http://en.wikipedia.org/wiki/Bronze_disease

It shows the equations that I did not write out that demonstrate how the cuprous salts act as catalysts to bring about oxidation of the metallic copper until it can be totally destroyed.)

The Wikipedia article is correct that the chlorides must be completely removed from the part to stop the deterioration. If one could then coat the inside of the group with more metal by one means or the other one could then bore it smooth and solve the problem.

I suspect another solution would be to bore out the group and then machine an oversized piston. This should not take too much shop time. I suspect the stock piston seals would stretch to fit a slightly oversized one? This would result in a slightly larger shot volume, but that would not be bad.

Another possible solution is to bore out the group and insert some sort of metal sleeve. Both brass and stainless tubing is available with inside diameters of 38 and 41 millimeters.

All of us with these machines should clearly be vigilent. We should carefully inspect the walls of the group cylinder frequently, and take preventative measures should the slightest evidence of damage appear. We should always clean out the bore of the group and rinse both the walls and the piston with clean pure water at each servicing.

I wonder if heavily used machines might retain smooth walls, but have the bore of the cylinder wear unevenly from this type of corrosion?

Cmtwgr

#7: Post by Cmtwgr »

Does a Brita waterfilter remove the chloride ??

I been told that leaving water standing for some time ,will lett some of the chloride evapurate ,
those into plants do this

about silversolder , its done with a flame , i dont know how the chroming would stand up to this
and it would be difficult . once molten the silver behaves like water ,

hard chroming the inside , and then hone it down again , only leaving the chrome in the pits (bore now oversize)
and as a finish yet another chroming ,againg followed by a honing ,repeat until all pits are filled up with chrome , and the inner surface is back to the original diameter ,,but hard chromed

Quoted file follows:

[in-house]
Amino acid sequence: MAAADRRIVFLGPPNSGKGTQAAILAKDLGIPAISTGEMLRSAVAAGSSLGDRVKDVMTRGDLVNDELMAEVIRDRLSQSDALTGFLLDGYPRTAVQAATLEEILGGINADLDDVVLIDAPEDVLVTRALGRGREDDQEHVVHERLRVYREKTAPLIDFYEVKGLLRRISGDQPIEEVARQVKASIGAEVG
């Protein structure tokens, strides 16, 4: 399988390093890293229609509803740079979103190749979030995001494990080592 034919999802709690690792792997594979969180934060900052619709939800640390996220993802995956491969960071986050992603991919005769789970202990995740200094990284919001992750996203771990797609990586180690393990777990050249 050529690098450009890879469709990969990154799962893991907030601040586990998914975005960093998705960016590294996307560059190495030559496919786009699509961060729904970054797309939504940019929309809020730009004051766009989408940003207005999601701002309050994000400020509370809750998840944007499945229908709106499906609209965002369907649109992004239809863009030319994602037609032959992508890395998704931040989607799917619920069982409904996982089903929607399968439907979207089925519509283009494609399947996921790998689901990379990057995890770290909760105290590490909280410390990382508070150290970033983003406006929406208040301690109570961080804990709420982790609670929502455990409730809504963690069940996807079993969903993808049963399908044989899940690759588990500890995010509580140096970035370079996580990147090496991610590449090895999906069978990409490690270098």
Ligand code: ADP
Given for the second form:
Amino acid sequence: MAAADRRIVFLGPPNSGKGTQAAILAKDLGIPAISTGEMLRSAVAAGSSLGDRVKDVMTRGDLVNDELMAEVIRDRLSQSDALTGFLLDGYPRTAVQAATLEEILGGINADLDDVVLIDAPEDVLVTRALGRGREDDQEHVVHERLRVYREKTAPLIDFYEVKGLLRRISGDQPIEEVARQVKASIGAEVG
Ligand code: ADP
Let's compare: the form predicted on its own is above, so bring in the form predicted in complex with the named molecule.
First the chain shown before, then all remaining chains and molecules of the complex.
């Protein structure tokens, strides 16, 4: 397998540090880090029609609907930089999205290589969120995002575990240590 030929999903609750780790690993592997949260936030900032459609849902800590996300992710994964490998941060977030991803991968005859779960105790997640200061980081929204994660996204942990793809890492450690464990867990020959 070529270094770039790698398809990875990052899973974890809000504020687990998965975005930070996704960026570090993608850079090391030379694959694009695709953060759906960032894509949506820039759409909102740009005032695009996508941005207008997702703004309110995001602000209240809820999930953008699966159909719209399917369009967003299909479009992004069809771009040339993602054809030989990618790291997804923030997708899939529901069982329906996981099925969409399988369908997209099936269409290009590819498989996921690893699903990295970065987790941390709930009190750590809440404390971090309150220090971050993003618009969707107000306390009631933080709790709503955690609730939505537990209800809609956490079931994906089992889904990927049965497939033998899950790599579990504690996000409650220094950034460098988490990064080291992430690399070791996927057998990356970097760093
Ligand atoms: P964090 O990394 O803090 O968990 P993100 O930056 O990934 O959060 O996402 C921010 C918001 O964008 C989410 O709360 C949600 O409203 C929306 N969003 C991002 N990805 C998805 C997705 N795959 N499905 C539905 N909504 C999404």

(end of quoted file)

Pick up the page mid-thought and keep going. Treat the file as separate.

but i think the price would be very high

a sleve ,,well the bore that enters the shower screen ,is very thin allready
making a sleve that would fit into that ,would have to be very very thin

one could make the sleve soo big than the original part that goes into the shower screen is completely machined away ,and the sleve would be the new end of the bore

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rpavlis (original poster)

#8: Post by rpavlis (original poster) »

Only organic chloro compounds will evaporate. The problem here is metal chlorides. They have essentially zero vapour pressure, NaCl boils at over 1400 C! Calcium chloride has an even higher boiling point, around two thousand degrees. Thus solutions containing salts will evaporate leaving more and more concentrated salt solutions. That is the problem not just here, but in many other systems. Espresso machines are heated, and that makes the problem much worse because chemical reactions occur much faster at higher temperature.

Reverse Osmosis systems can remove chloride ions, activated carbon filtration will not. There are also ion exchange systems to remove it.

The water analysis in my town shows 160 ppm chloride! It also shows hardness of 320 ppm! It is an example of water that should not be used for espresso! I even have to descale pots and pans after boiling vegetables in it!

***

sonnyhad

#9: Post by sonnyhad »

So, It sounds like the answer is a reverse osmosis water filter? Does anyone have a line on one of these things for the espresso machines?
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triodelover

#10: Post by triodelover »

Sonny,

It probably makes more sense to install a system like one of these at the kitchen sink. That way you'll have the water for cooking and other needs.

I've used one of these combined with a whole-house activated carbon sediment filter and a whole-house water conditioner for 15 years. I've never had a scaling problem with my coffee machines, my All-Clad cookware or my copper pots. I have "city" water and change the filters annually.